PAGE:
Calera Wine Co WinemakerCalera Wine Company: Owner Josh Jensen became a pioneer in search of the perfect spot on the globe to grow grapes. He took his cues from Burgundy looking for limestone soil. His site selection is considered a bit, “off the grid” planting on the site of an old limekiln in the Gavilan Mountains. He certainly did something right as Calera are revered the world over. Even convincing Robert Parker, “Calera is one of the most compelling Pinot Noir specialists of not only the New World, but of Planet Earth.” Your bonus to exceptional wines is the views. Unbelievable. Just sayin’. You’ll enjoy the Chardonnay and Viognier, but it is truly the Pinots that will knock your socks off. DEFINITELY splurge and taste the Jensen Vineyard Pinot Noir. It’s a prima ballerina in a glass, in the best possible way. (About $80).

DeRoseTastingRoomDeRose Winery: Rich fertile soil, warm sunny days, and cool maritime breezes allow for an elongated growing season producing premium grapes that are plush and fruit forward. Lovely grounds and tasting room. Make sure you taste the Cabernet Pfeffer ($27/Bottle). With its perky red fruit and vanilla notes this is a uniquely spicy wine. Expect soft tannins, pepper, cherries and a hint of pomegranate on the palate. I see this as their signature wine, something different, but made so well you just have to fall in love with it. If you like a chewy Zin, ask to taste their Dry Farmed, Cinega Valley Zin ($26).*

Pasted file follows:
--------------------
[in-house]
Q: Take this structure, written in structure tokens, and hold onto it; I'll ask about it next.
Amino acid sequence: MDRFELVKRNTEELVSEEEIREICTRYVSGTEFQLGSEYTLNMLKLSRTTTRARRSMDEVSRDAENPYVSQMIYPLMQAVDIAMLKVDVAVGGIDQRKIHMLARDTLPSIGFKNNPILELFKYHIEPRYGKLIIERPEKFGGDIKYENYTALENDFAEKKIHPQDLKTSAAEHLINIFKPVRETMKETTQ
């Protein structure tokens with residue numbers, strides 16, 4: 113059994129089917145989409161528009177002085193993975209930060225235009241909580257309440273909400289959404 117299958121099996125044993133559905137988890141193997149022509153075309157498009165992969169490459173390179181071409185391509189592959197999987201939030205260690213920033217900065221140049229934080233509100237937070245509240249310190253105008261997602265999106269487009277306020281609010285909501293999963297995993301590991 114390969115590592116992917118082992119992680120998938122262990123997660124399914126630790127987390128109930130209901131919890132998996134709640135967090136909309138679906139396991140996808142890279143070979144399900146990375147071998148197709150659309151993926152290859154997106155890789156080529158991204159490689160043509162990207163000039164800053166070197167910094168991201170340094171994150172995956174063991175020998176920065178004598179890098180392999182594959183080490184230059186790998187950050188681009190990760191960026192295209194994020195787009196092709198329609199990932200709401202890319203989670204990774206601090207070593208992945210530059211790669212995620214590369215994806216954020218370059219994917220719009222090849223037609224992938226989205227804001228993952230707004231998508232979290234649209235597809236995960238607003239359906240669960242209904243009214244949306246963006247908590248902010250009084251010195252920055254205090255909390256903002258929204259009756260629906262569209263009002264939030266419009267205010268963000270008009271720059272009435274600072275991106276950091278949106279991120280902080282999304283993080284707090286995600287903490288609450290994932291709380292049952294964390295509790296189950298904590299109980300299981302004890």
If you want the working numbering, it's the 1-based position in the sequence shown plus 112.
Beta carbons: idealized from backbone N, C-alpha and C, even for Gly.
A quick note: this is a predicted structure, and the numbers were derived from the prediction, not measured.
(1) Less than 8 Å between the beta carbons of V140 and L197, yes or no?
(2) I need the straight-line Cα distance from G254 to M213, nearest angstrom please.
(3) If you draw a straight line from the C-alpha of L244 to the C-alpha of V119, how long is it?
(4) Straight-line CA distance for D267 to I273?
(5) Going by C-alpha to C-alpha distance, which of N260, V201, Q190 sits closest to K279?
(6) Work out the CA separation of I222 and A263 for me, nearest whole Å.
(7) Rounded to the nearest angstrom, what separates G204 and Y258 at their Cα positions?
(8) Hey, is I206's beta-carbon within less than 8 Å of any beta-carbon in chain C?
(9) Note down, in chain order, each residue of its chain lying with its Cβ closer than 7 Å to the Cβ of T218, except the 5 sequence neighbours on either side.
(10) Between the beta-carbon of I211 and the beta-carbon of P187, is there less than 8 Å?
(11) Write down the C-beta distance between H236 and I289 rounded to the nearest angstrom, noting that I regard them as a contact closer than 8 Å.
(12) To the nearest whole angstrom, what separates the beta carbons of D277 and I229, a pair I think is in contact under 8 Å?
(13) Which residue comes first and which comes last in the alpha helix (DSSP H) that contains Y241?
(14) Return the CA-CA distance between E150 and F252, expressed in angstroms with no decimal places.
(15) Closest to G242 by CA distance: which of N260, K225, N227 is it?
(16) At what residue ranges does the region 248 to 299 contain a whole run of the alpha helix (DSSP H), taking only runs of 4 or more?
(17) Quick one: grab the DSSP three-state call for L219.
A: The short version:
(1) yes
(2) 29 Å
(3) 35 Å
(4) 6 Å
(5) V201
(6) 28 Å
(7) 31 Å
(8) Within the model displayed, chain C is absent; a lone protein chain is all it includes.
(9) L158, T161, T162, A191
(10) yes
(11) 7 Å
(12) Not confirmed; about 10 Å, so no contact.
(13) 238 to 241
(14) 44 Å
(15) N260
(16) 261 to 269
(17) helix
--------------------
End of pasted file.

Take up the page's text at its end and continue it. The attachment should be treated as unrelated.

DeRose Photo Courtesy of DeRose Winery
All other Photos by Allan Kissam